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What Self-Driving Can Learn from a Legend of Car Culture

Imagine you’re one of the most successful people in your field, and a stranger walks up and says they’re going to put you out of business. They’re not even in the same business, but they grab your elbow, lean forward to look you in eye, and declare that the world you know and love is going away.

That’s exactly what happened to McKeel Hagerty, CEO of Hagerty Insurance, and that stranger was the co-founder of one of the world’s largest self-driving technology companies. The incident would be funny if it didn’t highlight one of the biggest things the self-driving industry needs to get right, which is to misunderstand what self-driving is.

First we need to clarify what Hagerty does. If the Hagerty name doesn’t mean anything to you, it’s because you don’t own a collectible car or boat. If you do, chances are you insure it with Hagerty, which is how they’ve quietly become the largest specialty vehicle insurance company in the world.

McKeel isn’t in the needs business, he’s in the wants business, which means his product isn’t insurance, it’s customer service. The collectible car market is growing, and with it the number of people who expect to be treated with respect every time. These are Hagerty’s people. I should know, because I’ve been a customer for more than 10 years, and I wouldn’t insure my car with anyone else.

That car is a 1987 Porsche 911 Targa. It was my father’s, and the third and last 911 he owned before he passed away 20 years ago. I dreamed of owning one growing up, and now I own his. I’m going to give it to my daughter someday, which is why I only drive it on weekends. It’s my wants car, not a needs car. If I need to go somewhere, I take my leased Tesla, a great daily driver to which I have no emotional attachment at all.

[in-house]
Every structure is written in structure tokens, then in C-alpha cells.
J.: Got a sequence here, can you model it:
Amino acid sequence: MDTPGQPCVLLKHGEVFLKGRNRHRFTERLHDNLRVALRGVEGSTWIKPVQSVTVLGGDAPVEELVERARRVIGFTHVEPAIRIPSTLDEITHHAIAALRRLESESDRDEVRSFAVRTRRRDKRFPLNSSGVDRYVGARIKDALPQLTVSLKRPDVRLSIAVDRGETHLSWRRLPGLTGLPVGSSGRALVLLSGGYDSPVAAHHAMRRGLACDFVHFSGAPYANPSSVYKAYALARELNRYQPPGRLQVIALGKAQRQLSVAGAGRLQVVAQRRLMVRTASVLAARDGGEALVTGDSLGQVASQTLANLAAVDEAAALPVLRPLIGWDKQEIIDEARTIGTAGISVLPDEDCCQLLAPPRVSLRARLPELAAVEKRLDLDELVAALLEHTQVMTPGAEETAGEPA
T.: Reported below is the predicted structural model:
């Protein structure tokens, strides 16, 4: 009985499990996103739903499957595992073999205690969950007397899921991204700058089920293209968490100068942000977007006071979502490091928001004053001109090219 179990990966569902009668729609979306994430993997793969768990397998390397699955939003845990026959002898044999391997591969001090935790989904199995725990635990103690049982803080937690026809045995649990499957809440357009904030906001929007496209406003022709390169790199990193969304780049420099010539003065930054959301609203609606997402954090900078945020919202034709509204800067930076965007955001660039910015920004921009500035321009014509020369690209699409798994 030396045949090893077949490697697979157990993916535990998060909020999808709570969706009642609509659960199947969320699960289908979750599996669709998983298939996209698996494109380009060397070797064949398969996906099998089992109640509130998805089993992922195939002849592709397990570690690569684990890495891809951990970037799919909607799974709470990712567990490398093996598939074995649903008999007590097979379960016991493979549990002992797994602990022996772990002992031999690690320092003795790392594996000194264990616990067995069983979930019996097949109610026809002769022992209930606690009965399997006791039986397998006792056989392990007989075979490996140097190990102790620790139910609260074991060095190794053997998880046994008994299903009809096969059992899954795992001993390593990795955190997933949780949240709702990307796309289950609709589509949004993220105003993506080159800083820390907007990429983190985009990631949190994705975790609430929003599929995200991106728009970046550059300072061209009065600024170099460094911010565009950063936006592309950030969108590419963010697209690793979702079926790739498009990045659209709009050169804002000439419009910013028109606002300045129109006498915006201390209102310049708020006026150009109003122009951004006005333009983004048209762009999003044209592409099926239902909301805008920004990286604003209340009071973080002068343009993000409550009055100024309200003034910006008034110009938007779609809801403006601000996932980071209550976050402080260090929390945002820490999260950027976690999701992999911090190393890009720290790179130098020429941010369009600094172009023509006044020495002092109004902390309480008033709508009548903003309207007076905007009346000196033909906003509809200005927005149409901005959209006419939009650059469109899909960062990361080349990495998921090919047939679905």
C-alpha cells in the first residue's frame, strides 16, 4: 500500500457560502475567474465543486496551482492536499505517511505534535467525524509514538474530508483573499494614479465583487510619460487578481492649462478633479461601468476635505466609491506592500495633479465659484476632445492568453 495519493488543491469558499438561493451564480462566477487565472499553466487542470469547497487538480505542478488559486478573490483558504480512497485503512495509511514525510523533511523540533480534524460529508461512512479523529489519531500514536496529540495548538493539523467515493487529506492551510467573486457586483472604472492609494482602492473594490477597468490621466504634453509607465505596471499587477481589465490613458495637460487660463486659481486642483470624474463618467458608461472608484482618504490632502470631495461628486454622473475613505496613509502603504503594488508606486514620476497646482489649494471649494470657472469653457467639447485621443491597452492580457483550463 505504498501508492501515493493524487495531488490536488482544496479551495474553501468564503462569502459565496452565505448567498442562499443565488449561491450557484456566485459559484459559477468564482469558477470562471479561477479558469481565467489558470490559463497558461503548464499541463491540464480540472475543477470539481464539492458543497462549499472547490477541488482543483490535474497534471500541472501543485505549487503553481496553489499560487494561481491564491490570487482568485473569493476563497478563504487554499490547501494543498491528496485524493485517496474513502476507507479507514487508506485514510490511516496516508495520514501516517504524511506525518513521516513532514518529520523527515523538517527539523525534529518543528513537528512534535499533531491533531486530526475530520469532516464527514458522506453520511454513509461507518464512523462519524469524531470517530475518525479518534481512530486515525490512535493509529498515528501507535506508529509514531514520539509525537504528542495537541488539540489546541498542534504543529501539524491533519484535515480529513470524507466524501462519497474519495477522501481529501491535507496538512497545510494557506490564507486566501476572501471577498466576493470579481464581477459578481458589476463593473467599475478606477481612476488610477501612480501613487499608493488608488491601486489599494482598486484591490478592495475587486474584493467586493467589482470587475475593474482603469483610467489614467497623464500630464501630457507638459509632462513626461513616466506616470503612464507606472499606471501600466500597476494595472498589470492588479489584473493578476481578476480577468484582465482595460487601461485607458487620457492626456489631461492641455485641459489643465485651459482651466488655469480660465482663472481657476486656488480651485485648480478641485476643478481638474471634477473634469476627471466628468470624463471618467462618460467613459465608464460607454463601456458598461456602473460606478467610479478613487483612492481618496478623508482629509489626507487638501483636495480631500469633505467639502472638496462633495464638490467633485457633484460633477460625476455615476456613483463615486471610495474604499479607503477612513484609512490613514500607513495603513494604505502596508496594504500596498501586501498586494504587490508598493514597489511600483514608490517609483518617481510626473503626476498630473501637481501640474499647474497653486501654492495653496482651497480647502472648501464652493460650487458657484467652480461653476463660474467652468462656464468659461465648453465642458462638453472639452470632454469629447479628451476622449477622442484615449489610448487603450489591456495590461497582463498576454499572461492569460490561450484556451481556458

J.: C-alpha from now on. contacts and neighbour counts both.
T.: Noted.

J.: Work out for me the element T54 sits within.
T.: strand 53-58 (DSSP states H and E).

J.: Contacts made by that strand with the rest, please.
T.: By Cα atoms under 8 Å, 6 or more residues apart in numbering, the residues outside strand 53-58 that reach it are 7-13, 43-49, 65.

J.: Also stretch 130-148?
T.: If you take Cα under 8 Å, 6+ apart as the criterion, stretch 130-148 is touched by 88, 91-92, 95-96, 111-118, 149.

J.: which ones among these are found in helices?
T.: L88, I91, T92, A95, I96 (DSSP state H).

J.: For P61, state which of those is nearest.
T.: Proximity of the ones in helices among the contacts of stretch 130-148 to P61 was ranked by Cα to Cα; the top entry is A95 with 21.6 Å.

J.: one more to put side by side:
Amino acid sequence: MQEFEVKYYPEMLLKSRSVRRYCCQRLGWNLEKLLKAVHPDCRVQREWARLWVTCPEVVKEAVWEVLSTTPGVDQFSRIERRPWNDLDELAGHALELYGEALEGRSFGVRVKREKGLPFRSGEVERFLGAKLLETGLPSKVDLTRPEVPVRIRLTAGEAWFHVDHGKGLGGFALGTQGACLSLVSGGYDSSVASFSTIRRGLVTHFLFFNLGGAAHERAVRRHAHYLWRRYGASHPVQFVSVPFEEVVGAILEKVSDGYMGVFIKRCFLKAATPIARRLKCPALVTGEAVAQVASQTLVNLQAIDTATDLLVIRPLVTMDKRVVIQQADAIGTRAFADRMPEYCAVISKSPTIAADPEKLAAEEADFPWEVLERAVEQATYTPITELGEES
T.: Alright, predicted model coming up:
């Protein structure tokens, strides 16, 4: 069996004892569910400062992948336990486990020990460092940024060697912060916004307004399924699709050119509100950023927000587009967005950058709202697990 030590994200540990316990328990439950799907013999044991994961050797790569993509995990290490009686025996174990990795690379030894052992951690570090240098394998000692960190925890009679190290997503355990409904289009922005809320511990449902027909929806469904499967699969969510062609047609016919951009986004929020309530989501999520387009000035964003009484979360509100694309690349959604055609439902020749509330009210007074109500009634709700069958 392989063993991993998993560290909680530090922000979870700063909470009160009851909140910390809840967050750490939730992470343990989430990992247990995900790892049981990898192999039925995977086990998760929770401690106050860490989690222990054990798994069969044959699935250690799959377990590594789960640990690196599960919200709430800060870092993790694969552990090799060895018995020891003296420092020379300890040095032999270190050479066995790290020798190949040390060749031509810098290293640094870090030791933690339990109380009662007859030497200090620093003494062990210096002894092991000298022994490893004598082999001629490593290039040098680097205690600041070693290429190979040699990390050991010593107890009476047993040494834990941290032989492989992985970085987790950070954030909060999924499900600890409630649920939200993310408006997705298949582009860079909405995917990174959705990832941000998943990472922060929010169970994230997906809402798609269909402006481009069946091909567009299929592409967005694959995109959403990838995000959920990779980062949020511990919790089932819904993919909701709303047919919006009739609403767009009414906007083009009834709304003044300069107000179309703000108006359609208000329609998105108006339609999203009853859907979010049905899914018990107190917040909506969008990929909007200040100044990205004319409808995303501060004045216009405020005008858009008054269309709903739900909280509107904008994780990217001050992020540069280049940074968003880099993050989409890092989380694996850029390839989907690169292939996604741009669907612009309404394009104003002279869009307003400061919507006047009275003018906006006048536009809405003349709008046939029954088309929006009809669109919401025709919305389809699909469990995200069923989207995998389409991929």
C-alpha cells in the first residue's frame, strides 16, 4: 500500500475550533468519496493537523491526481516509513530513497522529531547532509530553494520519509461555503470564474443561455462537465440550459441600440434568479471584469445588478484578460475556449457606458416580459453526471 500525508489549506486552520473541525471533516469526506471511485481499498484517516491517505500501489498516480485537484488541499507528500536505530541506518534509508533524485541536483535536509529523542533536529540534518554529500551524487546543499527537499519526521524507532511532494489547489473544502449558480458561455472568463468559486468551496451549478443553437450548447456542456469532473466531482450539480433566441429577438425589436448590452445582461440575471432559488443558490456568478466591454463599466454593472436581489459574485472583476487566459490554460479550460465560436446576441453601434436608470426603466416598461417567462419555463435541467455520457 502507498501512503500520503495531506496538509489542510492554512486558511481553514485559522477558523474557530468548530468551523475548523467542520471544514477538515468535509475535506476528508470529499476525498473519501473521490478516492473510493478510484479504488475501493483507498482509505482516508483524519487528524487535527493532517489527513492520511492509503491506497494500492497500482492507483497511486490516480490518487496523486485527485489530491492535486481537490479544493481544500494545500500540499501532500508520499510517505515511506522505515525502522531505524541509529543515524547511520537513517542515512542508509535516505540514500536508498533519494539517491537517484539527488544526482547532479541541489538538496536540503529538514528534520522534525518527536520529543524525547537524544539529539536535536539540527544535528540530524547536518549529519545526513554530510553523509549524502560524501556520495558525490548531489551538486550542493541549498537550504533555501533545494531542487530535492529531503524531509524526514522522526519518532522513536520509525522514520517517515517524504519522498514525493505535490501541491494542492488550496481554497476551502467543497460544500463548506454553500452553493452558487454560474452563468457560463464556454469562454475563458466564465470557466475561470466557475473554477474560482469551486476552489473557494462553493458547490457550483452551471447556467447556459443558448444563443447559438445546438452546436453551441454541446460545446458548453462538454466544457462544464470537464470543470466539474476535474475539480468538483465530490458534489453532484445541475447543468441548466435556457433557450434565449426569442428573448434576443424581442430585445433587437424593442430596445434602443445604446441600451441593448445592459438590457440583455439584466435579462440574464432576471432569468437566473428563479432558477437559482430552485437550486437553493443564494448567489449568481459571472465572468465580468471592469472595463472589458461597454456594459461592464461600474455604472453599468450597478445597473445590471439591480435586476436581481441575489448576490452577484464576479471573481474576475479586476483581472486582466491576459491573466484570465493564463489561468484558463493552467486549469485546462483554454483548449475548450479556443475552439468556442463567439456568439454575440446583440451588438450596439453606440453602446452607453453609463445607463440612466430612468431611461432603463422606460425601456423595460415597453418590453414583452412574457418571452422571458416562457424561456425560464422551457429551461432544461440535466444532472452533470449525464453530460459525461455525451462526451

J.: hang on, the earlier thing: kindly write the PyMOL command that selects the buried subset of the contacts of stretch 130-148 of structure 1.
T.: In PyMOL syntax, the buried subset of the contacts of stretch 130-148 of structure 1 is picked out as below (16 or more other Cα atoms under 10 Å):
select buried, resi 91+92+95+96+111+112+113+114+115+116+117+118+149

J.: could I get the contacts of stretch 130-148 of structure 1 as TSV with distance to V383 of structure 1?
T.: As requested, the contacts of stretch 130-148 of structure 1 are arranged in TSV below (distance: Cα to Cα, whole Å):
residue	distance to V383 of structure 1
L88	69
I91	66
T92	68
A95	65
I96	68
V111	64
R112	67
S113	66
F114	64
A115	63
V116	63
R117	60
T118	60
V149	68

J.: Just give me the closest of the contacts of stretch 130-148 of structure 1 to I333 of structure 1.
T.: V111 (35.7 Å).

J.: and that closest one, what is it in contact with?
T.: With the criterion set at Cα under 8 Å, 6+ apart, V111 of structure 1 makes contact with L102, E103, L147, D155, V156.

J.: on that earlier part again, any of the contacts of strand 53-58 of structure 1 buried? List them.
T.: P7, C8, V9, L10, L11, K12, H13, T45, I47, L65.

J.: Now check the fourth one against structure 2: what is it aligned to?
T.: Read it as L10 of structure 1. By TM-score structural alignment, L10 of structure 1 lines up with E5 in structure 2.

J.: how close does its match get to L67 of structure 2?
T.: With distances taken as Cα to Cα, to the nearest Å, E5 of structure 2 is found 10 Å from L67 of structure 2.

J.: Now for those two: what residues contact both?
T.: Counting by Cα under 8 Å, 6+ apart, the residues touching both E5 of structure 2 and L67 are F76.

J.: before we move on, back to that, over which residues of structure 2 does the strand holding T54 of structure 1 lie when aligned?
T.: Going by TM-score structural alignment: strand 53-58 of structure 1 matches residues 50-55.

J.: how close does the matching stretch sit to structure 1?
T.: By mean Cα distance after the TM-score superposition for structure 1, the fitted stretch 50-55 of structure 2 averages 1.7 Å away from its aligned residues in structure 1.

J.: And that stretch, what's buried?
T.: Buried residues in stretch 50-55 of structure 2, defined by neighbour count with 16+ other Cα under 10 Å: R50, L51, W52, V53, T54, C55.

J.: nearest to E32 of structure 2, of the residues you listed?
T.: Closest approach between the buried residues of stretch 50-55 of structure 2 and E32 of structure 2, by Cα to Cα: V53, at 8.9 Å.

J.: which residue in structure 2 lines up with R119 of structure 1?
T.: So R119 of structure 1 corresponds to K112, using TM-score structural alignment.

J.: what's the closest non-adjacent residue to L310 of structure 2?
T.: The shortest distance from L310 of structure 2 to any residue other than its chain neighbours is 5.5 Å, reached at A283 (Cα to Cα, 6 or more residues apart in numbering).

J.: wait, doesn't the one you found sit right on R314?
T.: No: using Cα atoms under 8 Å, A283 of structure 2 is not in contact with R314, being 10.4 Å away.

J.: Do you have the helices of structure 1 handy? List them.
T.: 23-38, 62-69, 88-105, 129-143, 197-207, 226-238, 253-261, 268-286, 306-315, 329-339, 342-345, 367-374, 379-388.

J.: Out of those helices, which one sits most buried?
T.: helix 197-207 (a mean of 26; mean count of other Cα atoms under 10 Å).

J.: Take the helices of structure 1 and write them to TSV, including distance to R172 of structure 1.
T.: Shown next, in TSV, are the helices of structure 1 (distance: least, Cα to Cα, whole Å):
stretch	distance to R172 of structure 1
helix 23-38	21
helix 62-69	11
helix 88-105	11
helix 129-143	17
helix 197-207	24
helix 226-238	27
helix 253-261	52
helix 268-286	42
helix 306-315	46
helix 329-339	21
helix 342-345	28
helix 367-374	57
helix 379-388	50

Which brings us to McKeel Hagerty’s run-in with that self-driving evangelist.

Check out more from the No Parking podcast here.

In what universe would someone in the self-driving industry think their success would hurt Hagerty’s business? The universe in which one product is confused with another.

Self-driving products serve our needs. I need to get from A to B, and if the best way to do so is in a four-wheeled vehicle, I want it to be as convenient and safe as possible. Not just for me, but for my daughter who may be riding a bike in our neighborhood.

Hagerty serves our wants. As long as there are people who dream of owning a collectable car, someone is going to have to insure them. Those dreams don’t evaporate because a better way of commuting shows up. Self-driving amplifies those dreams, because the less we associate driving with commuting, the more we will associate it only with wants.

Needs customers and wants customers aren’t two discrete groups of people. In most cases, they are the same people, buying two different things at different points in their lives, sometimes even at different times of day. Life and markets aren’t zero-sum.

What is the ultimate luxury? Freedom of choice.

If self-driving companies are to succeed — and by that, I mean profitably move us around more safely and conveniently than we do now — they need to be talking about how they’re giving us more choice, not less. The best technology works on our behalf, not at our expense. I’m smart enough to know I don’t want to drive into midtown Manhattan at rush hour. Give me a better option and I’ll give you my credit card, but don’t tell me I won’t be teaching my daughter how to drive my dad’s car on Sunday morning.

There’s no reason we can’t have both.

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